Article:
And just to wrap it all up, a quick list of those other films that didn't quite make it but that were damn fine films in their own right. I heartily recommed you give them a look-in if you haven't already: The Adventures of Tintin; Tinker, Tailor, Soldier, Spy; Hugo; The Descendants; The Ides of March; Shame; The Hunger Games; 21 Jump Street; We Need to Talk About Kevin; Our Idiot Brother; Damsels in Distress; The Front Line; Good for Nothing; Searching for Sugar Man; The Angel's Share; Beasts of the Southern Wild; How to Meet Girls From a Distance; Your Sister's Sister; The Hunt; Killer Joe; Magic Mike, Sound of my Voice; Holy Motors; The Sessions; Moonrise Kingdom; The Expendables 2; Pitch Perfect; Dredd; Argo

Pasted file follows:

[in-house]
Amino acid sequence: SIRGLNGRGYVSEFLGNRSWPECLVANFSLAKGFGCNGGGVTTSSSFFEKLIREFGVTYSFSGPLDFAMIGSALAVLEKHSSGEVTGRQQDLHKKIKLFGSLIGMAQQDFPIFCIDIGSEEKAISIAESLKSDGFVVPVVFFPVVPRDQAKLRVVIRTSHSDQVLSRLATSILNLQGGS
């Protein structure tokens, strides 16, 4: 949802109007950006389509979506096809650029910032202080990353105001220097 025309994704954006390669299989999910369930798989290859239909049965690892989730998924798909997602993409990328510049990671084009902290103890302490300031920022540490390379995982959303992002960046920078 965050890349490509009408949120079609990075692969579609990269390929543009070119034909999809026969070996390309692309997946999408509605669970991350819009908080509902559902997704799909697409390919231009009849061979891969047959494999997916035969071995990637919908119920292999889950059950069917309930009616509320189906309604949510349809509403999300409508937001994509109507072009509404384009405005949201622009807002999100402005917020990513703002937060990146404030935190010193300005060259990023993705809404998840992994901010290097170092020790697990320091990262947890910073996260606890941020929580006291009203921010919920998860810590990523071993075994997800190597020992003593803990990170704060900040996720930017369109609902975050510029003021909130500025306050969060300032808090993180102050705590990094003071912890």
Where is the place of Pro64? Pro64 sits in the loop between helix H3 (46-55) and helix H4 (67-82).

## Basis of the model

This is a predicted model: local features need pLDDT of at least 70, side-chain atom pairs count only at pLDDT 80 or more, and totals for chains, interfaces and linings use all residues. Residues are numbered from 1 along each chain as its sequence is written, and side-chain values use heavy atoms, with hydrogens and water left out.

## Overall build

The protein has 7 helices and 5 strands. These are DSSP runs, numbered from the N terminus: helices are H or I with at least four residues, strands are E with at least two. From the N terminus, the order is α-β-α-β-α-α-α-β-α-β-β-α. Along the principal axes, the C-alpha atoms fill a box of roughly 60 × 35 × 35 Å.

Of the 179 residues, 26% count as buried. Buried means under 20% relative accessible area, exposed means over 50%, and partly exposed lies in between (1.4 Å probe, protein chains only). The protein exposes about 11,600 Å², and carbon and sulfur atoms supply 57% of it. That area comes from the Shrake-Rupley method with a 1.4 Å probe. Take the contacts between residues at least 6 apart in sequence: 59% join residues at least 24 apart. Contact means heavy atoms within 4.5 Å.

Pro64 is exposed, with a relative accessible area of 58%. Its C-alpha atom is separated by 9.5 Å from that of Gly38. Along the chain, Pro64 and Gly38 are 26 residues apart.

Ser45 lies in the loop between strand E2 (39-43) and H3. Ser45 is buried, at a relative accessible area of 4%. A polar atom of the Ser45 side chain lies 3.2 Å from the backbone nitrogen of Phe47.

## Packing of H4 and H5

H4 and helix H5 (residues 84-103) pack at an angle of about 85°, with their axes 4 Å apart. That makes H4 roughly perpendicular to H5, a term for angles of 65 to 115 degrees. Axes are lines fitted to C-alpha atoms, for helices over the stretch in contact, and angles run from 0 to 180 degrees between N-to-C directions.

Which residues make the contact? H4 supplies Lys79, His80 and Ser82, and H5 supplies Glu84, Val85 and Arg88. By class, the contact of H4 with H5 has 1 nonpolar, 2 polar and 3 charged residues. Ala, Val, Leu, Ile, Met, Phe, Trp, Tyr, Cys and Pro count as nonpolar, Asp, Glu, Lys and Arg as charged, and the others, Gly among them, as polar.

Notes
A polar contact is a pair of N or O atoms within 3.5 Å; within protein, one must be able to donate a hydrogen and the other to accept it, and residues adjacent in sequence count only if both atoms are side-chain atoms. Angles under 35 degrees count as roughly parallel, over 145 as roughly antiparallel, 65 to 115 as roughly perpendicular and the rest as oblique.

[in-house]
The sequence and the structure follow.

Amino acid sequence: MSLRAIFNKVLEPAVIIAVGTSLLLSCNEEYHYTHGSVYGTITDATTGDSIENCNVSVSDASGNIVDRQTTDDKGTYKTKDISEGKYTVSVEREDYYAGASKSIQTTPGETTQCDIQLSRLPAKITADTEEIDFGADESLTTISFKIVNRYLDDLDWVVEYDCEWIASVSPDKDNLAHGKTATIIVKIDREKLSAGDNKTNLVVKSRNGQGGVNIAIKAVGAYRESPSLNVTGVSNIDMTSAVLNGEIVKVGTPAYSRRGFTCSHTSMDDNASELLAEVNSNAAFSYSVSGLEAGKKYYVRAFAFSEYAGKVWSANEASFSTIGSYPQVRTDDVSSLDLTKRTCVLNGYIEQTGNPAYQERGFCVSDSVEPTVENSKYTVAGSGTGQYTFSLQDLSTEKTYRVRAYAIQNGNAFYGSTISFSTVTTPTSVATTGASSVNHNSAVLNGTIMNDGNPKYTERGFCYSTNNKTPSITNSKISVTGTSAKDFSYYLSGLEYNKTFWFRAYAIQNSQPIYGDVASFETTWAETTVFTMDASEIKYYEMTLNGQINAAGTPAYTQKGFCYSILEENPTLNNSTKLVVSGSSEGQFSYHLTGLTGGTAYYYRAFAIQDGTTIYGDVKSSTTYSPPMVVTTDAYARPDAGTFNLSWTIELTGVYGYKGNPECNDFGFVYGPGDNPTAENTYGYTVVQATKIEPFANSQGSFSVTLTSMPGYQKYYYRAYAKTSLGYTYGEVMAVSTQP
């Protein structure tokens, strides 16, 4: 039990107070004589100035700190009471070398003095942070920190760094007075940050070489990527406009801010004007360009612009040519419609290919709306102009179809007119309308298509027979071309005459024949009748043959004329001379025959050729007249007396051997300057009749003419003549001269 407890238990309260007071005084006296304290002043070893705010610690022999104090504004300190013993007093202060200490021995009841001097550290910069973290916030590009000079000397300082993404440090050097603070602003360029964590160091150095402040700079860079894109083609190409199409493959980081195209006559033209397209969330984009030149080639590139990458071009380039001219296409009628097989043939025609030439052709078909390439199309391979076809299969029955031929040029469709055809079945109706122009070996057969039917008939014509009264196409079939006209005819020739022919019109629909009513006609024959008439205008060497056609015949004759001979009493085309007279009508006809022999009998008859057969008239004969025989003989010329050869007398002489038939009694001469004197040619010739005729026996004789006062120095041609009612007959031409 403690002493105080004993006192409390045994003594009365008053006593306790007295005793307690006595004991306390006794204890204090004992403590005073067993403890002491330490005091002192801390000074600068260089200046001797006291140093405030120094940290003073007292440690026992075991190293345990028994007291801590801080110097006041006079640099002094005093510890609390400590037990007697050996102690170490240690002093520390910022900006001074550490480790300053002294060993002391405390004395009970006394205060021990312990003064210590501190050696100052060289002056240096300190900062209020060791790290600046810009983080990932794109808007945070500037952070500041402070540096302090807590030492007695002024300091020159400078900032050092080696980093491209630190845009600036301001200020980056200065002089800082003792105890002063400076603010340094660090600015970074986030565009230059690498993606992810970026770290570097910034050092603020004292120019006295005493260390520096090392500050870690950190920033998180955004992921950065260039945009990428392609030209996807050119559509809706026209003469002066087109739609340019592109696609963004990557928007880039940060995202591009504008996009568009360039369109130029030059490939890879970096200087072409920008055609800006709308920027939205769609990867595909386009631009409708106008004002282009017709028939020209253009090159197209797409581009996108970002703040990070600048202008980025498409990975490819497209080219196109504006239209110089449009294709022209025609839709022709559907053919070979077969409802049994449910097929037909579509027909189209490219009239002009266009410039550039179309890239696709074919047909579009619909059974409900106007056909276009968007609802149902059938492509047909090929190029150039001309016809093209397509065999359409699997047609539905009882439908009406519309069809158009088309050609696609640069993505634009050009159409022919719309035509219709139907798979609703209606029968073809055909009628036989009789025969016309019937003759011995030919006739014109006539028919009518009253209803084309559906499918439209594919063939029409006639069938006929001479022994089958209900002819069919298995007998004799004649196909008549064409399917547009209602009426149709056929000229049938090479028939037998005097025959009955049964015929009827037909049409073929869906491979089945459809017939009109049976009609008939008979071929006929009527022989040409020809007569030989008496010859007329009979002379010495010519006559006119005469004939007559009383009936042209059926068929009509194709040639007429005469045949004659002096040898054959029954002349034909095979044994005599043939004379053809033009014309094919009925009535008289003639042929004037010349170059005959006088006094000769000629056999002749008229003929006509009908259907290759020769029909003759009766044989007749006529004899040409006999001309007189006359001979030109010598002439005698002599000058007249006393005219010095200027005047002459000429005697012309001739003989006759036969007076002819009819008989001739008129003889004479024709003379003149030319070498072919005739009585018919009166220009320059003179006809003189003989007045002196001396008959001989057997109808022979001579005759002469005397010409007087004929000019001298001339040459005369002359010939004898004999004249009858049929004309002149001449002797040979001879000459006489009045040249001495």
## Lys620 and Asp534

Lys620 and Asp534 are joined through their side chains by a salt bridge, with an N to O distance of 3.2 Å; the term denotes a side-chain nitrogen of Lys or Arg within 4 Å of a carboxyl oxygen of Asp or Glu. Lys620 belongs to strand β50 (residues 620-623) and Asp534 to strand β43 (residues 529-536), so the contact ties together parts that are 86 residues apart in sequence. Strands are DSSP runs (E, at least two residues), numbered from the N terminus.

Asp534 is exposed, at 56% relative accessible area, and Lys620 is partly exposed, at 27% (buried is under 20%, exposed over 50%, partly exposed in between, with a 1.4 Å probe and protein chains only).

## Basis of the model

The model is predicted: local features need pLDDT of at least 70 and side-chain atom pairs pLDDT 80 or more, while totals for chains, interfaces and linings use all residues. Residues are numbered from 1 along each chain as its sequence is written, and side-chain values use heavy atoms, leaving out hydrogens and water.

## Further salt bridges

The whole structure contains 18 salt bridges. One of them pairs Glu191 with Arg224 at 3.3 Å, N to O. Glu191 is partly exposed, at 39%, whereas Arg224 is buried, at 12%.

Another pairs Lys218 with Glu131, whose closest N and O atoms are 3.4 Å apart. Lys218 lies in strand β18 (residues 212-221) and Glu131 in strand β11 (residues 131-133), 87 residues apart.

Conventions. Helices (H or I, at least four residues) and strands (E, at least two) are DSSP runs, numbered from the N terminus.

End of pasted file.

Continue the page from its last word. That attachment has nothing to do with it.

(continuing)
As always I'd be dead keen to hear your picks from the last year. And what films from 2012 are you still looking forward to seeing?